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LAKE BAIKAL IN THE FOLKLORE

Any place, mountain, rock, gorge, valley, river or village have their own legend, their own tale, their history decorated with the peoples creative imagination. Legends and tales of the magnificent Lake Baikal represent a special significant part of the local folklore.

The wish to investigate the mysteries of the Baikal has caused a great number of the Buryat, Evenk and Russian old-timers legends. The legends depict the artistic images of the lakes origin and the Baikal basin rivers, tell the history of populating the shores of the Sacred Sea.

In the Buryat folklore the Baikal plays a great role as the peoples history cradle. N.N. Kozmin writes: The Buryat-Mongolian people have been formed in Pribaikalye (the Baikal land). All their national legends and traditions are connected with the Baikal as the centre of their historic development. The considerable history of the Buryat-Mongolians is as if attached to the Baikal economically, too. Their historic legends do not know anything definite about the previous life stages and about the countries they had inhabited before arriving at Pribaikalye. They may be considered to be the autochthons of the latter, i.e. the lands aboriginals (Okladnikov A.P. Sketches of the Western Buryat-Mongolians History (17th-18th centuries). Leningrad, 1937. p. 275).

The Buryats, both those who used to settle at the shores of the Baikal (Tunka, Barguzin) and living near it now (Olkhon, Kabansk) as well as being at the distance of up to half thousand kilometres from it (Khorinsk, Kizhinga, Selenghinsk, Aga and others) irrespective of distances (nomads!) think of Lake Baikal as their ancient native land, sacred object of worship (Zhambalova S.G. Profaned and Sacral Worlds of the Olkhon Buryats of the 19th-20th centuries. Novosibirsk,2000. p. 191).

From generation to generation the legends were passed about the fact that eleven Khori clans come from the Baikal, they are named after eleven sons of Khoridoi who used to wander along the Baikal deserted shores and who never spared anything for the lake-sea. Khoridoi got a beautiful swan as his wife from the Sacred sea as a token of gratitude. The legends about Erkhirit and Bulagat tell about the fact that Erkhirit and Bulagat are the children of the mystic bull, Bukhe-Noyon, and the shaman Usukhan; they were raised to the roaring and splashing of the Baikal waters. They became the forefathers of the north Baikal Buryats. There are also historical legends about Chinghis-Khans stay in different places at the Baikal. The setting of all the myths, tales and legends is always Lake Baikal or the Baikal waters.

The unity of nature and man, the fact that people could not imagine themselves beyond the ecosystem of the Sacred Sea and worshipped it, is reflected in the legends about the masters of rivers, waters or localities (the Grey-haired Baikal, the beautiful Angara, the mighty Irkut, the mistress of the Baikal Baigal Dalain ezhen Yekhe toodei, the Great Grandmother, the mistress of the Baikal sea, Baigal Dalain Ekhe Abai Khatan, the Baikals mother Abai khatun (Abai the tsarina) and others). Mans attitude towards the Sacred Sea as the shrine is reflected in the Buryat wishing greetings: the Baikal was the criterion of mans attitude towards himself and the surrounding world. In the ulighers the appearance of mountains, hills or lakes is connected with the activity of mythological monsters or heroes-bators.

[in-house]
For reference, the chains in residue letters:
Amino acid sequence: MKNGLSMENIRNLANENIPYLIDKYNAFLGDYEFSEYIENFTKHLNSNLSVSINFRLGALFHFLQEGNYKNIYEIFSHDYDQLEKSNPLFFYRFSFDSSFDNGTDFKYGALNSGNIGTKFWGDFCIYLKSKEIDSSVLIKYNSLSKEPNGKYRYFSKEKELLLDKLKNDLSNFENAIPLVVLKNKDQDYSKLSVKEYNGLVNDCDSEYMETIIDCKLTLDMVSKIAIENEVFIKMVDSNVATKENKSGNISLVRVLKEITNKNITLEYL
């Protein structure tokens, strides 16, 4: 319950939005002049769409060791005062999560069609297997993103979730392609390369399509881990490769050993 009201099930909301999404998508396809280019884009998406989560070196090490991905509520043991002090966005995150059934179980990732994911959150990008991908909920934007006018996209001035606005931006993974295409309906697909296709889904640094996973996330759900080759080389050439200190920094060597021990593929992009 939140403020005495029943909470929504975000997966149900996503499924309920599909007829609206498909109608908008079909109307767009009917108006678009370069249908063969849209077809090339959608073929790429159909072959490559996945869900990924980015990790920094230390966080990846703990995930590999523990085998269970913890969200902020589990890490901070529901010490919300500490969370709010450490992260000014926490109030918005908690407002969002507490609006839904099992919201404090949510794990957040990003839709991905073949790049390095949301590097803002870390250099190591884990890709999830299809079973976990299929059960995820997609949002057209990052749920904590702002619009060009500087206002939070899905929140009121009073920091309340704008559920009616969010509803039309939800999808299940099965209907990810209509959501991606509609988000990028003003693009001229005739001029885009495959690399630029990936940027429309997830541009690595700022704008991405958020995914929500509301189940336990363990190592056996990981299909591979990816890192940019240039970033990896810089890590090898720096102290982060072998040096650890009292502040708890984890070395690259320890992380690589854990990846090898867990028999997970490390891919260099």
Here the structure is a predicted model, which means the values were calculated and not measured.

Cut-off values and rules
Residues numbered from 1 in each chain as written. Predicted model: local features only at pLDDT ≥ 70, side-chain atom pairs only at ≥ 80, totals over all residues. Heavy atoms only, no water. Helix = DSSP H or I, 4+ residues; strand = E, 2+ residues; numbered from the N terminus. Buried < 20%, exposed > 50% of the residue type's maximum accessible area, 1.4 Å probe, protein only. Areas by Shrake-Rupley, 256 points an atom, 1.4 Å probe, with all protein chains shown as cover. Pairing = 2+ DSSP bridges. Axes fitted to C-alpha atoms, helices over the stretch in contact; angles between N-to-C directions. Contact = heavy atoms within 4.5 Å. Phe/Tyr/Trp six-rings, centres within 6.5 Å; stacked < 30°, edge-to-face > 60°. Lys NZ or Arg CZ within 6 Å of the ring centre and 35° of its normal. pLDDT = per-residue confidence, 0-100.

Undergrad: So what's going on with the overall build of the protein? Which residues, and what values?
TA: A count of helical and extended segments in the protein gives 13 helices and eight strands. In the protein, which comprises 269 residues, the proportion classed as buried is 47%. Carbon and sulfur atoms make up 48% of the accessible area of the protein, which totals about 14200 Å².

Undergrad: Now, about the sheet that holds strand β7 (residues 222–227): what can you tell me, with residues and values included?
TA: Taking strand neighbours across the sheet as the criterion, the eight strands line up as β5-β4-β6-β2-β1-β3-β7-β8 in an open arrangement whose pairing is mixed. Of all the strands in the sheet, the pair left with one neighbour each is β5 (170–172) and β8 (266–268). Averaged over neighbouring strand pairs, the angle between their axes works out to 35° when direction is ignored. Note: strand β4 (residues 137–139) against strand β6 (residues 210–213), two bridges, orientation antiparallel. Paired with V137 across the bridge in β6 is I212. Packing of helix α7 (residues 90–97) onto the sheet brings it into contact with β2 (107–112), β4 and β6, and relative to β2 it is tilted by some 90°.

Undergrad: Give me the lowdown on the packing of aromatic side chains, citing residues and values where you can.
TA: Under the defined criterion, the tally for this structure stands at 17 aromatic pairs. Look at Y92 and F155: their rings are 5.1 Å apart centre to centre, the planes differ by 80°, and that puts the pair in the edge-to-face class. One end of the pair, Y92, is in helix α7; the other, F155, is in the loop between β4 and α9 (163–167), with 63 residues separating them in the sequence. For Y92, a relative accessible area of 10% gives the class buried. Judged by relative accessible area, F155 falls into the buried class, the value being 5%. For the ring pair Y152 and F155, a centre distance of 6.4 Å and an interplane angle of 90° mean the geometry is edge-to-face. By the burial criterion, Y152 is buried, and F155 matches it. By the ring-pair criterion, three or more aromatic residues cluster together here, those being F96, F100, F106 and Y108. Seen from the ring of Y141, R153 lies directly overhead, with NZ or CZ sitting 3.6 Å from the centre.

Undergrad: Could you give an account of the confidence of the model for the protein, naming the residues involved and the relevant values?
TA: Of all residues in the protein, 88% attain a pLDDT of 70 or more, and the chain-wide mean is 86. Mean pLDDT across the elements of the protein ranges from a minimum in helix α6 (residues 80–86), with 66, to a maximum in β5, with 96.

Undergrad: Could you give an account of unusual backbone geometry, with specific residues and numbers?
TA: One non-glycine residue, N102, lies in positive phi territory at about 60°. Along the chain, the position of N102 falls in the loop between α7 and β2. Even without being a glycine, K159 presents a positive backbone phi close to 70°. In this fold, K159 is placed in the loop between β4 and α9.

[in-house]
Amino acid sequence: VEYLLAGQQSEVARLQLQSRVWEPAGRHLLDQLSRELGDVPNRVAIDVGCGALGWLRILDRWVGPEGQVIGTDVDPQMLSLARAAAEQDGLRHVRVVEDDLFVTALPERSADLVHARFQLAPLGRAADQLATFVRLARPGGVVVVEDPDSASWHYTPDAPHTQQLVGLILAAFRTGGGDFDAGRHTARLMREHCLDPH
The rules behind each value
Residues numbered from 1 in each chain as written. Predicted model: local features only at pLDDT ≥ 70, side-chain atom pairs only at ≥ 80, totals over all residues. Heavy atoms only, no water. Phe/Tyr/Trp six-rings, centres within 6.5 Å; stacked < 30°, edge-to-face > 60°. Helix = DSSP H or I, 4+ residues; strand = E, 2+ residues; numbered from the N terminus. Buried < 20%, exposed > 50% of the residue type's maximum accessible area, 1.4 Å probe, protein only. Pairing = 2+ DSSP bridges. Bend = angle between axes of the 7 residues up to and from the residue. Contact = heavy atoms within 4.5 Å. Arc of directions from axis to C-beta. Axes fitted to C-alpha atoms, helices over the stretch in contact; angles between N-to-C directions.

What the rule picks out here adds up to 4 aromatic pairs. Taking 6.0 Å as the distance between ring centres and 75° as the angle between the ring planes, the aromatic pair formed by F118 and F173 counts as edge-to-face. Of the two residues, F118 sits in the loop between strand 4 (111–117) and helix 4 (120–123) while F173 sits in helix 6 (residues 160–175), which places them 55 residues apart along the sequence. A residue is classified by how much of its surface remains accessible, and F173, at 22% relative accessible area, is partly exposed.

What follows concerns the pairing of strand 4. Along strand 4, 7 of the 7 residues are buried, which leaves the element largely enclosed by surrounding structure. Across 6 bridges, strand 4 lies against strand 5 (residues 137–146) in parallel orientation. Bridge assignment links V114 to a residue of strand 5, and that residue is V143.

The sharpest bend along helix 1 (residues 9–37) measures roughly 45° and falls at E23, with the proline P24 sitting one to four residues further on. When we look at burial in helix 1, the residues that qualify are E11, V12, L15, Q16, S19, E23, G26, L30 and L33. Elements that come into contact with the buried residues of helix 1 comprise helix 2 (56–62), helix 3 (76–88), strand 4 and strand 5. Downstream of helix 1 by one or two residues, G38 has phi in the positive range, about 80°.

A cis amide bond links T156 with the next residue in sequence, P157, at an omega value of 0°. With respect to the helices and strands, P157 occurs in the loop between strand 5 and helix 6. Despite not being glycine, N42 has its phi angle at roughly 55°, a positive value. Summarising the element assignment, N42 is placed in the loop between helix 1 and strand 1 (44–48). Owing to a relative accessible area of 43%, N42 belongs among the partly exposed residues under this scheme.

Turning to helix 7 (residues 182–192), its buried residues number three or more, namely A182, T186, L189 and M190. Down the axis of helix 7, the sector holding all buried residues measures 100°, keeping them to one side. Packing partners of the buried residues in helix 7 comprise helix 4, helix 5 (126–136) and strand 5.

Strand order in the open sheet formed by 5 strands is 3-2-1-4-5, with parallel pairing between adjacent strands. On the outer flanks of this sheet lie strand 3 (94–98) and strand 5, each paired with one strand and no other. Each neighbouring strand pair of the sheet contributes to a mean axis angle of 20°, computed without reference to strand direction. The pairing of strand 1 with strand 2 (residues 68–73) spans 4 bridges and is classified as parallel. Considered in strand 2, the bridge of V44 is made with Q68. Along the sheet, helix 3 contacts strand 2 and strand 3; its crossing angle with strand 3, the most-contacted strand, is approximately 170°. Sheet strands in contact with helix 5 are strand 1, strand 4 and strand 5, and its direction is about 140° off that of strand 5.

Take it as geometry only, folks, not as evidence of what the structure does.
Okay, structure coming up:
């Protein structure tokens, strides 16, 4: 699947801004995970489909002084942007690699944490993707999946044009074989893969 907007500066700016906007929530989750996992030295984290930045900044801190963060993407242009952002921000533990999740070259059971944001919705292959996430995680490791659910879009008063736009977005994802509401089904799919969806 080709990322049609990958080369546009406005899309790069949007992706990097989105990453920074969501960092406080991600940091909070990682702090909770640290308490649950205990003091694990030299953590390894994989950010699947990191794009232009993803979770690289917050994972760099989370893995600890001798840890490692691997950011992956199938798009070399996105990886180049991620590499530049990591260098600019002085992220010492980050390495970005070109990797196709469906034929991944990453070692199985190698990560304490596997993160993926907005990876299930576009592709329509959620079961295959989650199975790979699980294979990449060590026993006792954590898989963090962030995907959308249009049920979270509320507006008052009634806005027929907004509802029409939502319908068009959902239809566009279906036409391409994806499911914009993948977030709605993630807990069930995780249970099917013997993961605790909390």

The natural objects of the cult character (the images of lake Baikal, its sacred and inviolable natural landmarks) have also been reflected in the folklore and played an important role in the development of the religious and mythological views. The unique Land-Water cult was formed.

The Buryats were closely connected with the neighbouring peoples, particularly with the Evenk clan groups. For example, one of the most important ethnogenetic problems of the Asian continent is connected with the Baikal and its archeological landmarks, it is the origin of the Tungus tribes and their language. Now the Tungus language people are dissolved all over the vast territories of the Northern  and Eastern Asia: from the shores of the Arctic ocean to the Pacific. The mystery of their language similarity and their origin stirred the minds of the researchers generations. New light on the problem of the Tungus origin was thrown by archeological excavations in East Siberia.

It turned out that the remains of clothes which had preserved as decorations in the graves of the Neolithic and stone to metal transition period (i.e. Glazkov culture), at the Angara, the Lena and along the shores of the Baikal, gave an opportunity to reconstruct the clothes like the Tungus coattails with an apron and a characteristic cap on the head. There is also a number of other indications which allow to connect the ethnographic culture of the Tungus tribes with the Glazkov culture of Pribaikalye (Okladnikov A.P. The Baikal Petroglyphs as Relics of the Siberian Peoples Ancient Culture. Novosibirsk, 1974. p. 3).

The Russian Baikal old-timers included the Buryat folklore about the Baikal into their folklore, passed it from generation to generation creating their own legends about the first Russian villages at the Baikal, about the runaway prisoners from Akatui and Zerentui, about piracy on the Baikal etc.    











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